2 of the territory that they themselves held.

3 What is you're answer to that, if indeed it was a question?

4 THE WITNESS: Even if it wasn't a question, I will attempt an

5 answer.

6 This is the first evidence I have seen from within the UN system

7 of any account of an attack of certainly of a heavy weapon of this kind

8 being used by the ABiH. I don't know if this report is correct or not. I

9 mean, if I were doing anything in this court other than being a witness, I

10 would like to see what the -- what the UN's final conclusions were when

11 they had done the crater analysis and everything else that they do. So I

12 would just -- never having seen this before, if I'm allowed to, just to

13 suspend judgement on it, Your Honour.

14 JUDGE ROBINSON: Thank you.

15 Now, Ms. Isailovic, I have to conclude that you have exhausted

16 this topic. Please move on to another area of questioning.

17 MS. ISAILOVIC: [Interpretation] Yes, Your Honour. But before I go

18 on to another topic, I would like to put the following question to

19 Mr. Bell.

20 Q. Had you ever heard of --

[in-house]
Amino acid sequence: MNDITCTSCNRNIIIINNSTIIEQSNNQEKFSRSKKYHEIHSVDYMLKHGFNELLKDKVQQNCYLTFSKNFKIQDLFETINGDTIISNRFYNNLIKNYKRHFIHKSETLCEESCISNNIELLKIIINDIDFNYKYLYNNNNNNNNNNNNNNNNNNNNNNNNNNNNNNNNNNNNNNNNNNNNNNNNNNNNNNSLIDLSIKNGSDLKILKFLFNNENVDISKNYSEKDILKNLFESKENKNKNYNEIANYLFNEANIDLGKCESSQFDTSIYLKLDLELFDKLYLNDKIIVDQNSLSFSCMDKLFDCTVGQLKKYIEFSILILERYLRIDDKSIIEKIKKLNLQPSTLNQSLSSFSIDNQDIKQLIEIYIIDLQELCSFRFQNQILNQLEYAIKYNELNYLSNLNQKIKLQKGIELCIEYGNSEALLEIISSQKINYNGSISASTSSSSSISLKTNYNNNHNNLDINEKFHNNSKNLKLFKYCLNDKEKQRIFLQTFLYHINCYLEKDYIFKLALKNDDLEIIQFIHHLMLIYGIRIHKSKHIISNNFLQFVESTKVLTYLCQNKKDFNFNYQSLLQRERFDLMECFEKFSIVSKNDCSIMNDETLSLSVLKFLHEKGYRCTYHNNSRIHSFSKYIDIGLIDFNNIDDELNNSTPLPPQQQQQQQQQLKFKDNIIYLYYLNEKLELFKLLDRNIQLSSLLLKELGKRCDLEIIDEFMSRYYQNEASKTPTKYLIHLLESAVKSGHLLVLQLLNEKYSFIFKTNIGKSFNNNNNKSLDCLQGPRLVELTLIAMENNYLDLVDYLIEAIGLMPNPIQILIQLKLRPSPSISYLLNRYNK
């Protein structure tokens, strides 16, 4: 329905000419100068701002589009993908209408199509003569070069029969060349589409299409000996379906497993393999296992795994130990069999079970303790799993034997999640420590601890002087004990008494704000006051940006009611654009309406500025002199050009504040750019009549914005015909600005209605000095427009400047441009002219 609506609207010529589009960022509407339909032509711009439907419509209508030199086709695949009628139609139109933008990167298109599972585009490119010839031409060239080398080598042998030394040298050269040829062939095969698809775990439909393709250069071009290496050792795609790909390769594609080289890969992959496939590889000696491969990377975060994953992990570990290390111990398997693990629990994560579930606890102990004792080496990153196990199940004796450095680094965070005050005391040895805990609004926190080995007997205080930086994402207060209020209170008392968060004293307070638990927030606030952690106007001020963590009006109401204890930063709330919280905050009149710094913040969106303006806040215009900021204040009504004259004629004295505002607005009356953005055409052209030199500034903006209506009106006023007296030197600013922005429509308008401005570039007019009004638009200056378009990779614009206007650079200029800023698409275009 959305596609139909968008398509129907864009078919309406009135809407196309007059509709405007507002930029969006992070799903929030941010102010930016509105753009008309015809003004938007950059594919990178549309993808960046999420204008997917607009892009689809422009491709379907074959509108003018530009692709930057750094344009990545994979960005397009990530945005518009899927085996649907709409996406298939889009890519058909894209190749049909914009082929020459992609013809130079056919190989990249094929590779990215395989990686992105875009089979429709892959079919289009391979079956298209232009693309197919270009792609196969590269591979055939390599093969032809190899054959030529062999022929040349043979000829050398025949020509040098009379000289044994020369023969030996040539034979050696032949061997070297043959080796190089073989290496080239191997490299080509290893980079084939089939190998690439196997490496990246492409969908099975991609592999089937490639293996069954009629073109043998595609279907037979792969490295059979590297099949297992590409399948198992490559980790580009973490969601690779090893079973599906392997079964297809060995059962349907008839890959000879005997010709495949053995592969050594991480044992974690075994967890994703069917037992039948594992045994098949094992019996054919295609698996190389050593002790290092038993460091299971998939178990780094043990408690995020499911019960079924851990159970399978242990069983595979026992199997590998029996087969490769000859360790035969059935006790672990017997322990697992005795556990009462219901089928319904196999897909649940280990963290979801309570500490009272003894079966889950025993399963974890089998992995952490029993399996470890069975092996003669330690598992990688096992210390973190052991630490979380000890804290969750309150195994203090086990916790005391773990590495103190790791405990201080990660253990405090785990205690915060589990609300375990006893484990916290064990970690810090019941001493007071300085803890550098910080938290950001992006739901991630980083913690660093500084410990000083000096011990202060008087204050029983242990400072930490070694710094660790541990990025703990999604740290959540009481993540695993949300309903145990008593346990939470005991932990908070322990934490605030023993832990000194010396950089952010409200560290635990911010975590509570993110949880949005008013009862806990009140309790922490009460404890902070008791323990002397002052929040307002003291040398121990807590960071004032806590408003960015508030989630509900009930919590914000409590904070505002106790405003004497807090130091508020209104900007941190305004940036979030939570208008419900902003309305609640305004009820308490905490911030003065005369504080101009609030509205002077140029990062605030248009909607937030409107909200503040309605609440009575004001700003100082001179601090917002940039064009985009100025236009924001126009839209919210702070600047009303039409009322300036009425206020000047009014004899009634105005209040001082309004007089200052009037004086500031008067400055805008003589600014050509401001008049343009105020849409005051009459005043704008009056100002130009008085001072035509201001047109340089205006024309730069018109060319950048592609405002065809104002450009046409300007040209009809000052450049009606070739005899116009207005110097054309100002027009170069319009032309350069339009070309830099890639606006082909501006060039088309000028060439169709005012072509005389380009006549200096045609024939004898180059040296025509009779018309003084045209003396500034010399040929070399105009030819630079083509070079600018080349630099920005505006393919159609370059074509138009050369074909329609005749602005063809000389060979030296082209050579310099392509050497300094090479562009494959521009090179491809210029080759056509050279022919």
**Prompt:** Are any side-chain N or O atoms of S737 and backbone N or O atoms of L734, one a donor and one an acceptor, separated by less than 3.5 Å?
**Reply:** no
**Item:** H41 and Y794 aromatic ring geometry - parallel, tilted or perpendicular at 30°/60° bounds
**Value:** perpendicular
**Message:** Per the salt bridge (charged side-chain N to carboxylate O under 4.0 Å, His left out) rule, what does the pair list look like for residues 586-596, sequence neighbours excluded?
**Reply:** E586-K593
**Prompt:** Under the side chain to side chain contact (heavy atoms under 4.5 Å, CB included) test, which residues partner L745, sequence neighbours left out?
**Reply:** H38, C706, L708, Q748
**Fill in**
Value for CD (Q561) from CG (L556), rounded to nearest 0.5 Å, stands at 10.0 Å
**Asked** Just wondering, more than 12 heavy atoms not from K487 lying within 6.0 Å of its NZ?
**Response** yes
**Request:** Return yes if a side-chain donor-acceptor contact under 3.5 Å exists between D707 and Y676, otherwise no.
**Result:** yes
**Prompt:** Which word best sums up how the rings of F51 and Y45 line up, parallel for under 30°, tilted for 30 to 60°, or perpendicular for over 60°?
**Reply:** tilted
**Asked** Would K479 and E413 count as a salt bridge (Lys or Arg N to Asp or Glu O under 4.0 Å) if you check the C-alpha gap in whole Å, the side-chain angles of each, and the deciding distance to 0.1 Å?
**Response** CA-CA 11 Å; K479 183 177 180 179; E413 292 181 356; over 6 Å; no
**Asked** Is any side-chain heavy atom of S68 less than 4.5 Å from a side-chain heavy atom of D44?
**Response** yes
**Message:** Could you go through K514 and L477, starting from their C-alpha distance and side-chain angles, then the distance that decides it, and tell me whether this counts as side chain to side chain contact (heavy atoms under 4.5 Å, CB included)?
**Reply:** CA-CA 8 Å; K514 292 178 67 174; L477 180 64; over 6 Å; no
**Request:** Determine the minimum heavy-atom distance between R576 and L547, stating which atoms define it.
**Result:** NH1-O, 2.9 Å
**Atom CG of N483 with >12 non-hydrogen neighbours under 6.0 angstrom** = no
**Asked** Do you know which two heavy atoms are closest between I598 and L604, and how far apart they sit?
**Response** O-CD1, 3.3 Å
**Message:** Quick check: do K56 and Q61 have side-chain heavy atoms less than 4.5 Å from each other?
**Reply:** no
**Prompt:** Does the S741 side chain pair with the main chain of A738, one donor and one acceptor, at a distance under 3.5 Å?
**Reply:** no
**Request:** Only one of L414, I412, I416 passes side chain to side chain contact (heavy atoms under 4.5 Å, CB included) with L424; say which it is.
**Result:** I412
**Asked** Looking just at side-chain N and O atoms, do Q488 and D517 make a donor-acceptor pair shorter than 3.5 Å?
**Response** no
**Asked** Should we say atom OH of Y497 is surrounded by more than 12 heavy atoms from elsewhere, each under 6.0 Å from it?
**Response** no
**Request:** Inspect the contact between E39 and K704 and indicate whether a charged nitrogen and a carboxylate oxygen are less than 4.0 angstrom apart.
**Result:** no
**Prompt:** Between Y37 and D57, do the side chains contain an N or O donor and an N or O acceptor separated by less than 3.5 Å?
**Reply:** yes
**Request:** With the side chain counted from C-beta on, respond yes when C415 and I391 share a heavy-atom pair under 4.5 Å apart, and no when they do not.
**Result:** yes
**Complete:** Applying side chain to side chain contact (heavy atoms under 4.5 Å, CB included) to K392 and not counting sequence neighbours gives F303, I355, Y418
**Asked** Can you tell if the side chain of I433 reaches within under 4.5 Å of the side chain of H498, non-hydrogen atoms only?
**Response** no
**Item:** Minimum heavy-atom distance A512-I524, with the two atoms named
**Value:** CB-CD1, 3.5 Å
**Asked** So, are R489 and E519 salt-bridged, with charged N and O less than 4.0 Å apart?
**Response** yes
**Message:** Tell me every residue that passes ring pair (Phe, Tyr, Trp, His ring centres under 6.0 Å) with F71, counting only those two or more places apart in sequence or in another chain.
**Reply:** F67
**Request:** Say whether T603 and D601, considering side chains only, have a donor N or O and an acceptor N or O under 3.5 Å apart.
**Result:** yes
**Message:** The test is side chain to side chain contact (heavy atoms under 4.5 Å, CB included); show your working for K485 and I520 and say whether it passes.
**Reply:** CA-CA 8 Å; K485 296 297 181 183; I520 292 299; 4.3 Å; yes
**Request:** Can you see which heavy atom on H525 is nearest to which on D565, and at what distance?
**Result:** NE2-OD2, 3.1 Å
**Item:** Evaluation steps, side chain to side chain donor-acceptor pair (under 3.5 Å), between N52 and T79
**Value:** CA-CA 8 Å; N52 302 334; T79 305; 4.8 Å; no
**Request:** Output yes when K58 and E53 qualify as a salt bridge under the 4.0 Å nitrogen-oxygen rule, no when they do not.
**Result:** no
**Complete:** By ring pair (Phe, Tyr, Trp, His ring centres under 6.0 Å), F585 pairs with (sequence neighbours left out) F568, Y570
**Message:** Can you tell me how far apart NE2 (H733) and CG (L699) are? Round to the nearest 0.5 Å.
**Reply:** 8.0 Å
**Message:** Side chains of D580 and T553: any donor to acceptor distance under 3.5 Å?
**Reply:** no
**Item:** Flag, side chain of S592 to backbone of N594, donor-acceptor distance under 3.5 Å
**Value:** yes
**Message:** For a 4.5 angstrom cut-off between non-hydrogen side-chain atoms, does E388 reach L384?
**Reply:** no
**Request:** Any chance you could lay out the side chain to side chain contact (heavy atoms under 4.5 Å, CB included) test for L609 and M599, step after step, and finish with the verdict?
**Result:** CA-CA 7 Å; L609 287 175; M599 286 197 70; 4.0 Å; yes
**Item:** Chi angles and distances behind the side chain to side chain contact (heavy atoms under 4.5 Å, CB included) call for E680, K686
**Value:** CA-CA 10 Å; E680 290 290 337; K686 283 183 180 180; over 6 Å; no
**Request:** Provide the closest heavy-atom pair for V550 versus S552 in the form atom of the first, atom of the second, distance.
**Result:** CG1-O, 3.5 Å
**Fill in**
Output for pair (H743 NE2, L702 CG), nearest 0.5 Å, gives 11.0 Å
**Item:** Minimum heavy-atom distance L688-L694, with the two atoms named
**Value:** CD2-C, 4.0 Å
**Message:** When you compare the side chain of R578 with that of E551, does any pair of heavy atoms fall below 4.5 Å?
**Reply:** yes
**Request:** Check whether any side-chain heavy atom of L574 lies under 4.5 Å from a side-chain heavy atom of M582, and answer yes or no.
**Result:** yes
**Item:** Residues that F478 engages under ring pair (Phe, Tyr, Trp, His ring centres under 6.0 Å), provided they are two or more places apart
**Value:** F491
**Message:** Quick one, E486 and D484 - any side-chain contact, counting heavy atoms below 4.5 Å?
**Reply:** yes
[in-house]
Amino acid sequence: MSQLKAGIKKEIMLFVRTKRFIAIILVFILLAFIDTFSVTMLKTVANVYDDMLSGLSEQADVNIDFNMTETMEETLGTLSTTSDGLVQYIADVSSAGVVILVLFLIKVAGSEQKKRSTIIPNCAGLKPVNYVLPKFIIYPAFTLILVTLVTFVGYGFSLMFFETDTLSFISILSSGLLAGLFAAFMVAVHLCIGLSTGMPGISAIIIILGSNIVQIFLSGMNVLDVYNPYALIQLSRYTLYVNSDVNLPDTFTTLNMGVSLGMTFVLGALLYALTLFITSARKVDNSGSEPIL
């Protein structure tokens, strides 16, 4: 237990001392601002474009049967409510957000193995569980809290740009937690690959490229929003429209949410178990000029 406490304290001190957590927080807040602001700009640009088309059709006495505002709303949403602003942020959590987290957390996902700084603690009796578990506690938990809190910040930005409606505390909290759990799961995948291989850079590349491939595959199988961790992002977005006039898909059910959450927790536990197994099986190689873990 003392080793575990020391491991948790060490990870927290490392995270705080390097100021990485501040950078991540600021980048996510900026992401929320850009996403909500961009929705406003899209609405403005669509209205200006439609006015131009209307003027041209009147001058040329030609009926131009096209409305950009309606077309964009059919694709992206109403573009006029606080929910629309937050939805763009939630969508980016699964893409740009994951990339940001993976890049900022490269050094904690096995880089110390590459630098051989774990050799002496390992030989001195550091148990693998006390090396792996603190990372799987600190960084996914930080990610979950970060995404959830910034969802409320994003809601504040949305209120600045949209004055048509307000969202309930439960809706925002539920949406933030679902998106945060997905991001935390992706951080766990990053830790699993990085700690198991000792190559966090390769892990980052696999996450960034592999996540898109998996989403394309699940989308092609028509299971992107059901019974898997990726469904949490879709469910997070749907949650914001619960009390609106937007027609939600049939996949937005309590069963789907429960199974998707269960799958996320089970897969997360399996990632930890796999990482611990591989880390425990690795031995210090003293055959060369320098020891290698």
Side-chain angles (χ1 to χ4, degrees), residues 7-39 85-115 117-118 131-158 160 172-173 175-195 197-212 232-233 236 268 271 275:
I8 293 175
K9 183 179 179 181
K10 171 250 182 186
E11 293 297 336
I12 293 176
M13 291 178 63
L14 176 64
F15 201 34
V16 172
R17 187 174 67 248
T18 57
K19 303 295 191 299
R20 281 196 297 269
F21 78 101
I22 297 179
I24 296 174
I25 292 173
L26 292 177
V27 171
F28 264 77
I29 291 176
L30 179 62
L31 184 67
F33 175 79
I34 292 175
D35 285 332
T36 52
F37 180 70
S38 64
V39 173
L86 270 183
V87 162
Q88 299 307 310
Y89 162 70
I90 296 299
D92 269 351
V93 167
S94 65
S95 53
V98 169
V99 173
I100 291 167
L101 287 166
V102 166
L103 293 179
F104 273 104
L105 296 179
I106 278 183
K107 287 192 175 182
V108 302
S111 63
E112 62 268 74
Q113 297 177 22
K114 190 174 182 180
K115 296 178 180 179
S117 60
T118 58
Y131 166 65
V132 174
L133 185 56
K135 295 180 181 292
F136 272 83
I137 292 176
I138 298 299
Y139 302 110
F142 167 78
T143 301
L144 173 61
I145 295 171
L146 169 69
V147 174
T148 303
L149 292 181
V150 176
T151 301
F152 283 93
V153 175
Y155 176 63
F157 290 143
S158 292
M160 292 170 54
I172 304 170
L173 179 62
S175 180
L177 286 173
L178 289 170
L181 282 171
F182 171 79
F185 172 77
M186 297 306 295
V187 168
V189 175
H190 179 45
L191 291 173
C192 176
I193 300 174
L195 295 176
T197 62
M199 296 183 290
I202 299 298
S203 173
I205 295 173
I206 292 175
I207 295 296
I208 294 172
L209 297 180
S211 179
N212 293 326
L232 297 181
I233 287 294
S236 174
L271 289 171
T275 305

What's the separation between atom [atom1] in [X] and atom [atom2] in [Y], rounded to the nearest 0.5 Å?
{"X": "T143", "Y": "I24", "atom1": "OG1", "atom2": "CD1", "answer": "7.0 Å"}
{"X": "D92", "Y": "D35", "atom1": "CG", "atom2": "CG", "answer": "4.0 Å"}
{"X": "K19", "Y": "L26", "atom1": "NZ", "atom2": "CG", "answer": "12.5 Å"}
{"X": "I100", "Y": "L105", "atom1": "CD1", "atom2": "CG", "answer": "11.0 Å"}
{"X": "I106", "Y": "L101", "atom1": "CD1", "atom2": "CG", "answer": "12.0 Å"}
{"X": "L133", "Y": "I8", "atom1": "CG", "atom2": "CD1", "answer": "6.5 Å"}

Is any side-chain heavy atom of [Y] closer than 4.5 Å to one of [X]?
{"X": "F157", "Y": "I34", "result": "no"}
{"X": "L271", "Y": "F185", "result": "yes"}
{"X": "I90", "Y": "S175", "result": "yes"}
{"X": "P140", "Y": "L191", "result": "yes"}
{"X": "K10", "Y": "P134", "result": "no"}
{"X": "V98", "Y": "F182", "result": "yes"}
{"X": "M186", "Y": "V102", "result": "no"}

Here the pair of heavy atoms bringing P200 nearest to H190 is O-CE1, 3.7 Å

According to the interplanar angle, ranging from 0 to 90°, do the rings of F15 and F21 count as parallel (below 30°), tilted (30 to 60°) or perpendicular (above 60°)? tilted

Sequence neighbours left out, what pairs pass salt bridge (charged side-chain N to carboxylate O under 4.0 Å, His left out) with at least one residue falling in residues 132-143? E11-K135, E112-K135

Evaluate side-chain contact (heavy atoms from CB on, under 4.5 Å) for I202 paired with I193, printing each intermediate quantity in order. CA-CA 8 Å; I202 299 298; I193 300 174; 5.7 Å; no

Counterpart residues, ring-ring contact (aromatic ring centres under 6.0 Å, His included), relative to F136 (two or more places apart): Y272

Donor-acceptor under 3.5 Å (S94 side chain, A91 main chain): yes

21 JUDGE ROBINSON: Is this on the same topic?

22 MS. ISAILOVIC: [Interpretation] No, no, no. I'm not talking about

23 the television building anymore. It's a general question.

24 Q. Sir, we've heard evidence before this Trial Chamber, and I will

25 quote the page; page 975, line 20 of the transcript. We've heard a

Page 5307

1 general, his name is Nicolai. General Nicolai was at the time the head

2 of -- I'm not really certain what his function was at the time, but it was

3 at the time while General Rupert Smith was the commander of the BH sector.

4 He was working him, and he testified before this Tribunal and told us that

5 his predecessor at the UN, a General Van Baal, talked to him and told him

6 after the investigation that he carried out that there was at least one

7 occasion an example when BH forces fired on the territory that they held,

8 actually.

9 So, Mr. Bell, General Van Baal, does that ring a bell, that name?

10 Did you know him maybe at the time when you were in Sarajevo?

11 MS. EDGERTON: Your Honours, if I may, that's -- I have here page

12 975, line 20 in front of me, and that is not what General Nicolai said.